Says Dr. Sinatra: “There are a lot of doctors who call themselves thyroid specialists, but they’re just treating numbers. When I run into patients with more difficult thyroid problems, I refer them to my colleague, Dr. Robert Lang, M.D., an anti-aging medical expert and endocrinologist who specializes in thyroid disease.”
The Issue of Soy
Dr. Sinatra recommends soy for women, but I asked him about the soy/thyroid connection. Says Sinatra: “Daily soy can be a problem for women. (?) I still think soy is one of the healthy foods for women, (?) although women with a risk of breast cancer need to do their homework before they take soy. But, ultimately, the best soy for women is from foods — fresh soybeans……natural soy, tofu. I’m a believer in natural soy.”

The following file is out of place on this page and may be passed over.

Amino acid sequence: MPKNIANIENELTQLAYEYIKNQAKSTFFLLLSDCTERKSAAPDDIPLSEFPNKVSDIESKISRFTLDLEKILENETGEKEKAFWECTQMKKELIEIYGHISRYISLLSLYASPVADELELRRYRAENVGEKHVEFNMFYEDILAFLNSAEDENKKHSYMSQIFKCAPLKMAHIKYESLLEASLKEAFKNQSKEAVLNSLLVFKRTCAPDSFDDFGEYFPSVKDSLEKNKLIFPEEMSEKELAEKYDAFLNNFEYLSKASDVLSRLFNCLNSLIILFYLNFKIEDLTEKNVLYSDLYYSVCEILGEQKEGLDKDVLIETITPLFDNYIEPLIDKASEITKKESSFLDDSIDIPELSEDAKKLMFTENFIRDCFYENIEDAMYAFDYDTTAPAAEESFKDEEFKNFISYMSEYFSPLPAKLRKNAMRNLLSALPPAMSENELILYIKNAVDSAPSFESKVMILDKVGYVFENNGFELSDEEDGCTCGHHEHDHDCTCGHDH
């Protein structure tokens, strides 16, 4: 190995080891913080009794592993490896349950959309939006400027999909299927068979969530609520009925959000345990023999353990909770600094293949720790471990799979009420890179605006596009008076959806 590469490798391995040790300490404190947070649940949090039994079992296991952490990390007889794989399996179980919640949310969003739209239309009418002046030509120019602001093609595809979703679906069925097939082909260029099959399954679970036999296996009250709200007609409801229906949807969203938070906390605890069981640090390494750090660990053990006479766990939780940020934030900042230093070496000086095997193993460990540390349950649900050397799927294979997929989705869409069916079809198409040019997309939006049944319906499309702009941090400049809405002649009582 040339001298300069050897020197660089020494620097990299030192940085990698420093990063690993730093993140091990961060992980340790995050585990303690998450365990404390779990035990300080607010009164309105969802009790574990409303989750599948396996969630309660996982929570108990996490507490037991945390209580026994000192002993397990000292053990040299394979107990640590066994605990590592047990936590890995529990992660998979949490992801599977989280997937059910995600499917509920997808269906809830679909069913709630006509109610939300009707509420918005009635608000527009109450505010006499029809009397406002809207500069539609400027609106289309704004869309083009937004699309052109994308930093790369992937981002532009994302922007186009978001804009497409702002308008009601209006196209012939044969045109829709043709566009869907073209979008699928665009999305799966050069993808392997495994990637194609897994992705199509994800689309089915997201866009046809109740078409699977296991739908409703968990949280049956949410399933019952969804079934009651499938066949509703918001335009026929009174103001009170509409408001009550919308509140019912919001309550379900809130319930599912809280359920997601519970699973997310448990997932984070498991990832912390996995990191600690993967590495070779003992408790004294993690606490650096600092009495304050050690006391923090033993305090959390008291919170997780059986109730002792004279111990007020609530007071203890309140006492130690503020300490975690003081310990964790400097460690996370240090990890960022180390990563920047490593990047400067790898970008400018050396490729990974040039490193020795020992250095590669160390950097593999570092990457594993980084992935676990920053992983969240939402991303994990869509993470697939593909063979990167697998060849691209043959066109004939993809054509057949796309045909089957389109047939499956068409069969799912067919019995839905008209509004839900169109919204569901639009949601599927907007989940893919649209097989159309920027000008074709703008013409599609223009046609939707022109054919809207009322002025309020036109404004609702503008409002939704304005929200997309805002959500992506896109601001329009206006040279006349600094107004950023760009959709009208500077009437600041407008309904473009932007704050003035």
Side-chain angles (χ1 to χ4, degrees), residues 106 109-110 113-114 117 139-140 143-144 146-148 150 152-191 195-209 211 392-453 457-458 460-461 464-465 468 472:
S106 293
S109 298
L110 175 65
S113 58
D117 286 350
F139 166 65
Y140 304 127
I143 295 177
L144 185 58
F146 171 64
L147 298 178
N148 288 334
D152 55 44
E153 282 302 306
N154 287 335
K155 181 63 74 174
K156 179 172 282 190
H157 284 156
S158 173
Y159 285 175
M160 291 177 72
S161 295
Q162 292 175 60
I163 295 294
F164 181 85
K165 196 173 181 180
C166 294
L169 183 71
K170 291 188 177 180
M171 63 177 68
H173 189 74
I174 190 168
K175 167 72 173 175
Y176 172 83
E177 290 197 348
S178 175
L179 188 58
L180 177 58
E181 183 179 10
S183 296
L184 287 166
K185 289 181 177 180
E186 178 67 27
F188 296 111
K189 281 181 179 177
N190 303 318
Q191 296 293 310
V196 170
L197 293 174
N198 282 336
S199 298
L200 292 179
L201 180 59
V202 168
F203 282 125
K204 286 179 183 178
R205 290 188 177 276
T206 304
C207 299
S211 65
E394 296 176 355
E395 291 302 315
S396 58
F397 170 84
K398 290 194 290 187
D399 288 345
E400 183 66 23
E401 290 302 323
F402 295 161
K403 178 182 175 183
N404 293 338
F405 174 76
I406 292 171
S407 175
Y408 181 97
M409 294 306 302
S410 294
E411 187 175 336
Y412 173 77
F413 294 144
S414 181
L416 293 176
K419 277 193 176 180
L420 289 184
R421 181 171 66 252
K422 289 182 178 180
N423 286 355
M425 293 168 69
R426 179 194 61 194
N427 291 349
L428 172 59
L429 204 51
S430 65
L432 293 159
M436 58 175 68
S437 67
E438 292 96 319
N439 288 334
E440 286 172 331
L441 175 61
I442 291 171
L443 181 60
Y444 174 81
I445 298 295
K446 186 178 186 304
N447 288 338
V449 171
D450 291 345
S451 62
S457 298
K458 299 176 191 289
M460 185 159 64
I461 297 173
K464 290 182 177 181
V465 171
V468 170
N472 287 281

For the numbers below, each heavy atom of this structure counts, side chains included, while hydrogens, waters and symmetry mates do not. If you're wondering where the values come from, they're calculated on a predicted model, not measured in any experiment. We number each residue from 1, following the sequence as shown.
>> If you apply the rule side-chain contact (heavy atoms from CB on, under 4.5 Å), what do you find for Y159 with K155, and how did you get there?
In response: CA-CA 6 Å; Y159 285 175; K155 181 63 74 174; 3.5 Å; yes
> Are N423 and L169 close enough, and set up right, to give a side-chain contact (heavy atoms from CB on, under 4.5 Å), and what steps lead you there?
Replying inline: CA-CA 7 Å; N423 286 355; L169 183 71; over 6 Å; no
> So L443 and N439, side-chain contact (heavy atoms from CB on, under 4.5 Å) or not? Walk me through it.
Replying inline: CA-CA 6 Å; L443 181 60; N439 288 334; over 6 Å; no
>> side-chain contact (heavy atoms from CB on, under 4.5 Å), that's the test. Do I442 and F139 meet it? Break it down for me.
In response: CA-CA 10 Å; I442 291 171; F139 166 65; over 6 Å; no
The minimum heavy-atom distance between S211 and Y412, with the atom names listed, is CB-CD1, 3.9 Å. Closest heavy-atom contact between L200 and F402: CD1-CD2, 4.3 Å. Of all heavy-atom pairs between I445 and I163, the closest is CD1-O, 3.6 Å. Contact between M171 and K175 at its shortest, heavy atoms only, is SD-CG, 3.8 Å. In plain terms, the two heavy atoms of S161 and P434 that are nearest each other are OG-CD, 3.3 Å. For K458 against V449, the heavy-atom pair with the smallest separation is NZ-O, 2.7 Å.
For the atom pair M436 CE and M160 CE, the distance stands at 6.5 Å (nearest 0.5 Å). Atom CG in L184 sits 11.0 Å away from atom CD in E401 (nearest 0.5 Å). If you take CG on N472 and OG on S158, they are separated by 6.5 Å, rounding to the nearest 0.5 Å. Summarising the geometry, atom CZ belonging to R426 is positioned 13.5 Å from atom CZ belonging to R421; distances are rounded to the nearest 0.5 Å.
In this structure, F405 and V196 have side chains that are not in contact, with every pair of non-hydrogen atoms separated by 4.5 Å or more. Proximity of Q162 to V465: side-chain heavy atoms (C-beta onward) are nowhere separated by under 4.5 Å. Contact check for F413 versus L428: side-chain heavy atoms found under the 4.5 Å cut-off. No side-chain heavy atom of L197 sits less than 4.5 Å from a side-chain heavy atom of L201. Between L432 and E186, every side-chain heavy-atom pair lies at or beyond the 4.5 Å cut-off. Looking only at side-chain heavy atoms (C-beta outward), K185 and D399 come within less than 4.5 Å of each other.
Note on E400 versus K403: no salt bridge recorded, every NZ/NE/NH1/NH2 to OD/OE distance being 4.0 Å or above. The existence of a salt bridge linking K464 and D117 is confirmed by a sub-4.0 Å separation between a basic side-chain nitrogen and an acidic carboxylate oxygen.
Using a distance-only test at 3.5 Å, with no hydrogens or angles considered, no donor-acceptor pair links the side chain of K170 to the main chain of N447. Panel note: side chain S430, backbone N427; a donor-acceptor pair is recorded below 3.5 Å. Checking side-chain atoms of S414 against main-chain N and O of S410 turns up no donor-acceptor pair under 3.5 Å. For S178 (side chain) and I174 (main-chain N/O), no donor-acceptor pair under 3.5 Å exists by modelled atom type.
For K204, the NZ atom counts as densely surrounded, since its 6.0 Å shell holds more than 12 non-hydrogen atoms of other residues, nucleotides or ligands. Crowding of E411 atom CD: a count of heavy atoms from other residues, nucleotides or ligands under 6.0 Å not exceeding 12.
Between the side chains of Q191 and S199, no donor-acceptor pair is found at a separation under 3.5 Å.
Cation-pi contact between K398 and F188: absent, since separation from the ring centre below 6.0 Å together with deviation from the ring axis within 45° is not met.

Dr. Sinatra’s book provides greater details on other top foods for women, which include: flax, fish, nuts, and legumes, like chickpeas and lentils.
The Cholesterol Connection
While Dr. Sinatra believes that cholesterol levels should be controlled, he feels that the role of cholesterol is overplayed. “There are probably millions of women who are being treated too aggressively for high cholesterol,” he says. I do not like to give women statins, I try to treat cholesterol by natural means. His concern with statin drugs are that “they knock out the natural pathway for CoQ10, increasing the risk for cancer.” So, he tends to focus on his natural approaches.